UK decision to go to war in Iraq with US based on flawed intelligence, report concludes

Updated: 2016-07-06 20:36

By Chris Peterson in London(

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UK decision to go to war in Iraq with US based on flawed intelligence, report concludes

US President George W. Bush (L) and British Prime Minister Tony Blair walk together from their meeting at the US Embassy in Brussels in this February 22, 2005 file photo. [Photo/Agencies] 

The then UK Prime Minister Tony Blair took Britain to war against Iraq in 2003 on the basis of flawed intelligence and failure to share the many personal notes he sent to President George W Bush with his ministers, according to a massive report on Britain's role in the Iraq war published on Wednesday, seven years after it was commissioned.

The report, according to analysts, was damning in its criticisms.

"There is evidence of gross recklessness," said Philippe Sands, a leading UK human rights lawyer.

The seven volume report, 2.6 million words long and three times as big as the complete works of William Shakespeare and five times as large as Leo Tolstoy's epic novel War and Peace, was ordered by Blair's successor as Prime Minister, Gordon Brown in 2009.

As the report was unveiled at a conference center in Central London, several hundred demonstrators from the "Stop the War" movement, which held regular protests before and during the invasion, held a silent vigil in the street, many carrying the movement's signature placards which showed a deliberate misspelling of Blair name, "BLIAR."

Blair, who was Labour Party prime minister from 1997 to 2008, took Britain to war in Iraq as part of a US-led coalition, ostensibly because Iraqi leader Saddam Hussein had weapons of mass destruction. In the 2003 invasion and aftermath which toppled Saddam, 179 British soldiers were killed.

From 2003 to 2014, when US combat units were withdrawn, 4,491 US service personnel were killed.

In the event, no evidence of weapons of mass destruction, a euphemism for chemical or nuclear weapons, was found.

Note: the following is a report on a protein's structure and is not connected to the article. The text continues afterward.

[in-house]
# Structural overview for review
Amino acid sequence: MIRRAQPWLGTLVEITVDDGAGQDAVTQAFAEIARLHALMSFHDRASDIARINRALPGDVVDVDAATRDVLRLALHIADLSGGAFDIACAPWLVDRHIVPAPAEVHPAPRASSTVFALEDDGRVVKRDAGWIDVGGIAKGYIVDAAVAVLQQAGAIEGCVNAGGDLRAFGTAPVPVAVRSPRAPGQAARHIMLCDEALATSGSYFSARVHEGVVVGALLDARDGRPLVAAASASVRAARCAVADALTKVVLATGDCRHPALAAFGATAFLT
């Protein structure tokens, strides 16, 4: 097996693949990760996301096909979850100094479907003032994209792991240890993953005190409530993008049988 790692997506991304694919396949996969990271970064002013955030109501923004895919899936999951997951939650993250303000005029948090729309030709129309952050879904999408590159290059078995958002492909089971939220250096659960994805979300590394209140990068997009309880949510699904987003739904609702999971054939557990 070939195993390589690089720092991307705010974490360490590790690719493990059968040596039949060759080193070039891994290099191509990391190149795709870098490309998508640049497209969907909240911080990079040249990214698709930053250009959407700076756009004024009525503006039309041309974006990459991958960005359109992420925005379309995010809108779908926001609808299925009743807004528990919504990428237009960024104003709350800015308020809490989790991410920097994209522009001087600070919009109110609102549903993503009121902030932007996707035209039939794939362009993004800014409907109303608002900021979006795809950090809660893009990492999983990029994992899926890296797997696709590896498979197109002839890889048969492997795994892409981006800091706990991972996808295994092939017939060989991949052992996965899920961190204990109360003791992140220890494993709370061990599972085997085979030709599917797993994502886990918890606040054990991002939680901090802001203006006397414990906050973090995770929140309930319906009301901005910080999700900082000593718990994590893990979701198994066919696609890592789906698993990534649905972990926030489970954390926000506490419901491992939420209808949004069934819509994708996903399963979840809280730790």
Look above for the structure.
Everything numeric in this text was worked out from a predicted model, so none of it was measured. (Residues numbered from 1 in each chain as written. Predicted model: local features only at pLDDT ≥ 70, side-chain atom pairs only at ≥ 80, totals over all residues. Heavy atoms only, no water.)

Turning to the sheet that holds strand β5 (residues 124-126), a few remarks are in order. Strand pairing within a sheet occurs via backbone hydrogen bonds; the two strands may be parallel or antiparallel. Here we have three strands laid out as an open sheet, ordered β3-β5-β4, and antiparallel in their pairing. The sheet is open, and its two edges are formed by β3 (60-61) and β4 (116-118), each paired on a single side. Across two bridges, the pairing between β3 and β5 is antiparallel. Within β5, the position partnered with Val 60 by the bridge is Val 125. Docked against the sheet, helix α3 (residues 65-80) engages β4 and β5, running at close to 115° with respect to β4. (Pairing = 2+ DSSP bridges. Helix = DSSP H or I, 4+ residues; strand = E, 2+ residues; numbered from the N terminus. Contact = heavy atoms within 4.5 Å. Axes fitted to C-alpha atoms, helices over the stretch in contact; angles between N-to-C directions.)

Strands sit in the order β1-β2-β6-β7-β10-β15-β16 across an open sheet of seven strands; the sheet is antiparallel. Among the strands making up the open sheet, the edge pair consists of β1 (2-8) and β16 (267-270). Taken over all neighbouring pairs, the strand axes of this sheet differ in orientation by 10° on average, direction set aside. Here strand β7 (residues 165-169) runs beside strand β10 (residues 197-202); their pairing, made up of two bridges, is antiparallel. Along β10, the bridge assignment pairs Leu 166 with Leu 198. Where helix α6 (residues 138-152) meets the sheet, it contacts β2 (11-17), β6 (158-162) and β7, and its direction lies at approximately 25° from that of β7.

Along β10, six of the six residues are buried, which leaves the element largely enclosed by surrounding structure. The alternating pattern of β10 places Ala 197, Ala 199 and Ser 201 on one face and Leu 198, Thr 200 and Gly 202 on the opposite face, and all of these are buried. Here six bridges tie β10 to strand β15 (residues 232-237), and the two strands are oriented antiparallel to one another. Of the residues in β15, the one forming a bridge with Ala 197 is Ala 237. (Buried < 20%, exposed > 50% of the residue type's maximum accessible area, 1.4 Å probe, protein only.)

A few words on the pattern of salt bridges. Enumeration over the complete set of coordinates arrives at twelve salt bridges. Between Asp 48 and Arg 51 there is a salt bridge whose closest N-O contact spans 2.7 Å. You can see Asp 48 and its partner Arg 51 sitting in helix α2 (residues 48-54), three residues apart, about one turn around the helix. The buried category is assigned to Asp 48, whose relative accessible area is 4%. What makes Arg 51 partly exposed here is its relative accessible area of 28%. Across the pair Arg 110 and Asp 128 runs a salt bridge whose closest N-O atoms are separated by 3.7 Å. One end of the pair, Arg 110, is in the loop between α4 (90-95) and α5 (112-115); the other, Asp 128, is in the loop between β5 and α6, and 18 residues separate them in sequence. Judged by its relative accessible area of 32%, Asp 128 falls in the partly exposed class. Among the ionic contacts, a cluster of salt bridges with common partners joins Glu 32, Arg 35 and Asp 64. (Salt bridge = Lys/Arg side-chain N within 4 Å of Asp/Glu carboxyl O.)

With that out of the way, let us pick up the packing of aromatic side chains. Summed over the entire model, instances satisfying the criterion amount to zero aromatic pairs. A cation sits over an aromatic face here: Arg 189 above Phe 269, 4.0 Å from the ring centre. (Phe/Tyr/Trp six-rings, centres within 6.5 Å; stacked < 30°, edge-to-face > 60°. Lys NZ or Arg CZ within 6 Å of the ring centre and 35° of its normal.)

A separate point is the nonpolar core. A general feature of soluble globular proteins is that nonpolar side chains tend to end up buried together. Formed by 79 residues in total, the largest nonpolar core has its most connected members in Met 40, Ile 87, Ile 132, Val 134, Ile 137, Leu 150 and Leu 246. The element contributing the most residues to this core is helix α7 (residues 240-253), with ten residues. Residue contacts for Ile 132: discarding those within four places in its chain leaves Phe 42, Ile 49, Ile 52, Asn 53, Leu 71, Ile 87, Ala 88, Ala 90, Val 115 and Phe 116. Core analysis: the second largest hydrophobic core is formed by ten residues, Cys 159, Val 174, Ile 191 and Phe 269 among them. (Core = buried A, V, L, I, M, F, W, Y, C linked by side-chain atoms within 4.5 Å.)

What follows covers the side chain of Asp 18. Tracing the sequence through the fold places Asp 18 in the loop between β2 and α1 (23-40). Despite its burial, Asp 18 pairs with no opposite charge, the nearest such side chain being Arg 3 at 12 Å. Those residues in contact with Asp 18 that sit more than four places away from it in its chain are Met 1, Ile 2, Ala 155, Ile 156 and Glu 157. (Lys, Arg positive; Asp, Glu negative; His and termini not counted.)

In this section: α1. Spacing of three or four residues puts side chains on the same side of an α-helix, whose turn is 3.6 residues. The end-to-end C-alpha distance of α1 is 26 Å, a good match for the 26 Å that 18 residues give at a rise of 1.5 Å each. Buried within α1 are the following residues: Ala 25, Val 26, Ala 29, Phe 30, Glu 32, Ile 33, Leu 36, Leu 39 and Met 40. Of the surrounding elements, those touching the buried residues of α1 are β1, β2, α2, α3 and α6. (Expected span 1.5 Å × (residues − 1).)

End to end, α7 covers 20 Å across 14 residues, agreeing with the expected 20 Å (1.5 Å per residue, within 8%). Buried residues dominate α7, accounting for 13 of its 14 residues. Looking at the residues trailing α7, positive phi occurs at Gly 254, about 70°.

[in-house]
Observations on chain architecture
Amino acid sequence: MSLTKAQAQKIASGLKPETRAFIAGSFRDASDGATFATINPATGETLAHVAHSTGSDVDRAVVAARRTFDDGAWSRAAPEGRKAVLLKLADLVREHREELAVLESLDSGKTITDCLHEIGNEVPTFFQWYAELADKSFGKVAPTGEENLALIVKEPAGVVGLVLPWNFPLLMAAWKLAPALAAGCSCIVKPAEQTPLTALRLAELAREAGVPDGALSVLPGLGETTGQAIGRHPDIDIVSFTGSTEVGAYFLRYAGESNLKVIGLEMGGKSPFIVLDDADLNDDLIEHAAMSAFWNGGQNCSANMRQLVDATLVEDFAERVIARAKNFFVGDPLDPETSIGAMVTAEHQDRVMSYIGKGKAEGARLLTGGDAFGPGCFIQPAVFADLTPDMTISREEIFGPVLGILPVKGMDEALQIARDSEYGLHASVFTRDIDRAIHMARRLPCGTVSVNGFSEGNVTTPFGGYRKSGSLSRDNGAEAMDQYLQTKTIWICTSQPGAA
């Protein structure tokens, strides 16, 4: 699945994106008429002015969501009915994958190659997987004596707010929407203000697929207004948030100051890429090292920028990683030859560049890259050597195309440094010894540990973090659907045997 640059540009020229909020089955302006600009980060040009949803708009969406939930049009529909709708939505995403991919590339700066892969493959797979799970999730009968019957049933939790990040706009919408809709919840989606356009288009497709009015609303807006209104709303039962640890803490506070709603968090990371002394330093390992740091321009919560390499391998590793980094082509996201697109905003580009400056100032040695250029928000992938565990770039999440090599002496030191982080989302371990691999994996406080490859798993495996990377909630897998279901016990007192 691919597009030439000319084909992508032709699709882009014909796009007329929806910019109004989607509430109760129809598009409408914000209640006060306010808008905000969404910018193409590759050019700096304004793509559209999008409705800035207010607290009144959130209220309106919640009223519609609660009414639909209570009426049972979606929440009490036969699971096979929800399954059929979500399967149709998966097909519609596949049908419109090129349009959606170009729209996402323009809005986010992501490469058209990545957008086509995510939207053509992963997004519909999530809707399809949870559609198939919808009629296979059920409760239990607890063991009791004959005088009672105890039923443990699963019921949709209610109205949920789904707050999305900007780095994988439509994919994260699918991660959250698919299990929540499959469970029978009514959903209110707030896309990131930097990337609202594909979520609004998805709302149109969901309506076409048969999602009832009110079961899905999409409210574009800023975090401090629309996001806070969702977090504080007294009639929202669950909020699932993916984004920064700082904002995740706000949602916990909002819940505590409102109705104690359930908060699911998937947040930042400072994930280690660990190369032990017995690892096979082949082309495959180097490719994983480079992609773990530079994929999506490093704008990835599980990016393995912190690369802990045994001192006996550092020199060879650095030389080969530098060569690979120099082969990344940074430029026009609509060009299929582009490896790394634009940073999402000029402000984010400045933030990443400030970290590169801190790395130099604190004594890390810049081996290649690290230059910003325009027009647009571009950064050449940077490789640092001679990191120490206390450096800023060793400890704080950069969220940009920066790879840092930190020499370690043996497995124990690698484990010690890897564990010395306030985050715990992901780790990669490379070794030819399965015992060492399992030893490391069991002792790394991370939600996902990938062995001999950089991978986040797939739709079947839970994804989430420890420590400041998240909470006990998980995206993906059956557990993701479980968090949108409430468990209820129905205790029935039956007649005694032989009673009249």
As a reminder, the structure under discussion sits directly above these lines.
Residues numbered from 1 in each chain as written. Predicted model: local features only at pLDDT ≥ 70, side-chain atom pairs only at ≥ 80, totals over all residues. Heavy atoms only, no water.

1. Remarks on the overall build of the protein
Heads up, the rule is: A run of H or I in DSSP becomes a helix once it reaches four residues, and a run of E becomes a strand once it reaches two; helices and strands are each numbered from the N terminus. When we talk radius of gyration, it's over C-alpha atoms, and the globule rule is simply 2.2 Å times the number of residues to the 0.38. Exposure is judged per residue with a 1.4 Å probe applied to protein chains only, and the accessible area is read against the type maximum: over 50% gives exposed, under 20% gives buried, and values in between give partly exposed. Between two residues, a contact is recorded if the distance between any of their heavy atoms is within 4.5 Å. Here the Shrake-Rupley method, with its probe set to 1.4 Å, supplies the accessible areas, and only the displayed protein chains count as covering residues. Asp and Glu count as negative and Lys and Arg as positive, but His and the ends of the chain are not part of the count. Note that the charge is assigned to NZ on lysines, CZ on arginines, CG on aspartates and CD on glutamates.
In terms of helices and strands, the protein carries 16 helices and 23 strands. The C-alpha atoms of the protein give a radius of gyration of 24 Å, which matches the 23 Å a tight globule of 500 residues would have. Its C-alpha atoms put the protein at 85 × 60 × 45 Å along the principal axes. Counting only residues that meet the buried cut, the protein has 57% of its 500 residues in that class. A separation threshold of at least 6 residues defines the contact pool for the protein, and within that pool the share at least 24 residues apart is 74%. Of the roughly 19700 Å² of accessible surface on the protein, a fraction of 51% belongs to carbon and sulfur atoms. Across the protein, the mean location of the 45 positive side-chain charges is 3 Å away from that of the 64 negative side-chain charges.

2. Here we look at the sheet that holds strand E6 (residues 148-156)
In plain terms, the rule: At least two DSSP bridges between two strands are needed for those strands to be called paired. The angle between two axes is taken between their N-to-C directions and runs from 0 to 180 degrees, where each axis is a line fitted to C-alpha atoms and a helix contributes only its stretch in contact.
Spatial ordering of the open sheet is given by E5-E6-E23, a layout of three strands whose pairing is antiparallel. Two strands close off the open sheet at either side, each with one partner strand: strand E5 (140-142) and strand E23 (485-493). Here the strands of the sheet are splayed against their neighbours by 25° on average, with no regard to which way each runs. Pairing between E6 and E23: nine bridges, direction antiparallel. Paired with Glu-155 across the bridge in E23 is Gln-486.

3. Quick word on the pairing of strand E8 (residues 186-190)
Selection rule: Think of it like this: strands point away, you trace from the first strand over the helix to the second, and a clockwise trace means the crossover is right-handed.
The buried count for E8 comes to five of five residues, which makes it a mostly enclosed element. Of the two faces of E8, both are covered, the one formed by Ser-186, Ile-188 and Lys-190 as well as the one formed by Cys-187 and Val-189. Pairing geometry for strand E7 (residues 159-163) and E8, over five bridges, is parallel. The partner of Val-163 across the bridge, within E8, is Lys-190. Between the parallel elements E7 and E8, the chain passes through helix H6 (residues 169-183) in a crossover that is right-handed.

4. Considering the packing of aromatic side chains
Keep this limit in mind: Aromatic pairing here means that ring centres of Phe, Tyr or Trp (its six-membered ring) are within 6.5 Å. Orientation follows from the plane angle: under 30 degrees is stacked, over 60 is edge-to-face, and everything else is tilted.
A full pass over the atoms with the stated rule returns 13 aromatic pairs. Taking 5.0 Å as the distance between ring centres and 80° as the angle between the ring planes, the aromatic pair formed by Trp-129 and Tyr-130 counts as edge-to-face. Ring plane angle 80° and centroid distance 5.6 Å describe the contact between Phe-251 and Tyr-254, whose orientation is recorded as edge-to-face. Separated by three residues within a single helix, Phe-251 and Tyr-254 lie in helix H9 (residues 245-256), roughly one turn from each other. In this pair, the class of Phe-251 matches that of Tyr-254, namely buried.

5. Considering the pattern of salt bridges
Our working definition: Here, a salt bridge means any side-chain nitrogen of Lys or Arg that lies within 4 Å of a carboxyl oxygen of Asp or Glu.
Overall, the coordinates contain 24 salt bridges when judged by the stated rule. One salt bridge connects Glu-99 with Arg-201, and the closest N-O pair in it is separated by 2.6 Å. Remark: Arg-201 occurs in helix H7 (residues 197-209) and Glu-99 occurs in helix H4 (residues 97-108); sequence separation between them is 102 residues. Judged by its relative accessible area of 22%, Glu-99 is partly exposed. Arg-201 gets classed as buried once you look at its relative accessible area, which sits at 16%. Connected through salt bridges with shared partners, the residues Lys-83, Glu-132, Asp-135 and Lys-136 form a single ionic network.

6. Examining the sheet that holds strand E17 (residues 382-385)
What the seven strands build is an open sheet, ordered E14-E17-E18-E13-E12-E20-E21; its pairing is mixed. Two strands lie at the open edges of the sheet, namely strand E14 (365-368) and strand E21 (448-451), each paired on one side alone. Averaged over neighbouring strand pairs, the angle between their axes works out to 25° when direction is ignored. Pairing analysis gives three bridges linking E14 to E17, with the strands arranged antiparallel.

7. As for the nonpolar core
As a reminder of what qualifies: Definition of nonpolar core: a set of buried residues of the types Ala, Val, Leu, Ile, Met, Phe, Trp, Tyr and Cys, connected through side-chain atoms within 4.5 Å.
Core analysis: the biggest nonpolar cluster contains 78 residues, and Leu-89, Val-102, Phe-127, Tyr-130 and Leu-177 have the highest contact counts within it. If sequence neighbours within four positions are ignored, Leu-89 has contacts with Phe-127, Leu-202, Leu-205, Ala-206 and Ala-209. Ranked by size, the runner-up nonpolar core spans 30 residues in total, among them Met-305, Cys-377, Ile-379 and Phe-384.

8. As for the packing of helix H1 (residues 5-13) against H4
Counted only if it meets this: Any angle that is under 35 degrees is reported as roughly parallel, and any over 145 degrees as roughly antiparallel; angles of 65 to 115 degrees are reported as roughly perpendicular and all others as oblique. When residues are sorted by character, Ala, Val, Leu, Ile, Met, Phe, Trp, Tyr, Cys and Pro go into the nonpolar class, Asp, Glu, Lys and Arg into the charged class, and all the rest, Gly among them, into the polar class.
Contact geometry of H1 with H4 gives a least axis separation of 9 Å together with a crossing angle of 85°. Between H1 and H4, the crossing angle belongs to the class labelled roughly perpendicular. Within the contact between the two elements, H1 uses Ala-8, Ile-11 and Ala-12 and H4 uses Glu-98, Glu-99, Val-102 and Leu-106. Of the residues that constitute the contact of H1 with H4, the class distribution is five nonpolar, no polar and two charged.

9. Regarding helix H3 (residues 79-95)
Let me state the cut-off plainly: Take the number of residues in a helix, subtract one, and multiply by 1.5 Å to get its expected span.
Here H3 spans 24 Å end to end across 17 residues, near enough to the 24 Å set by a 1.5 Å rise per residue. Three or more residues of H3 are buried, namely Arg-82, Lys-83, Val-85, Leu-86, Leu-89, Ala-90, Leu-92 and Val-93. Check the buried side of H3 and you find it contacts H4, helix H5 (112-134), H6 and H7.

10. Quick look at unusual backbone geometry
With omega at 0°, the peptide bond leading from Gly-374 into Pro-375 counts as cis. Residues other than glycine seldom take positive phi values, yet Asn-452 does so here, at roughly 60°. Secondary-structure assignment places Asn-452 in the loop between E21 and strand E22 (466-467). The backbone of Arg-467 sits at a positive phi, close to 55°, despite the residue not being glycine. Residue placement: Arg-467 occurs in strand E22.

Blair has repeatedly been accused by UK politicians from all parties of being too close to the then US President Bush. The inquiry found that Blair sent 31 private notes to Bush, often without reference to his ministers or senior officials.

Before the various options for dealing with Saddam had been exhausted, Blair wrote to Bush that he was "with you, whatever," Chilcot said.

The report has been delayed because of a rule that anyone mentioned in the report had a right of reply to any criticism, and the protracted process of obtaining Blair's communications with Bush. The US has refused to allow Bush's responses to Blair's communications to be released.

The report, headed by civil servant Sir John Chilcot, found that there had been serious intelligence failures, and a string of bad judgments made by senior officials.

Chilcot said his investigations and interviews with over 150 witnesses had concluded that there was a lack of planning for what would happen after the invasion, and "the consequences of invasion were over-estimated."

"The weapons of mass destruction case was presented with unjustified certainty," Chilcot said in his presentation, adding that because Blair and Bush had not waited for a second UN Security Council resolution, "the UK was undermining the UN Security Council's authority."

"We have concluded that the decisions taken on legal justification were not satisfactory,"he added.

Blair reacted to the report by saying his decision to invade along with US-led forces was "taken in good faith and in what I believed to be the best interests of the country."

The former prime minister also said he would take full responsibility for any mistakes.

Prime Minister David Cameron told the House of Commons today "Clearly, we need to learn the lessons of this report."

Opposition leader Jeremy Corbyn, who in the past has called for Blair to stand trial for war crimes, said the invasion had been on "false pretexts, and has long been regarded as illegal. The war fuelled and spread terrorism in the region."

Blair, who has since built up an international consulting firm with many government contacts, including China and Saudi Arabia, said he did not believe the removal of Saddam Hussein "is the cause of terrorism we see today."

But he added in a statement after the report was released: "I will take full responsibility for any mistakes."

An estimated 150,000 Iraqis, mainly civilians, were killed in the invasion and its aftermath, and over one million made homeless.

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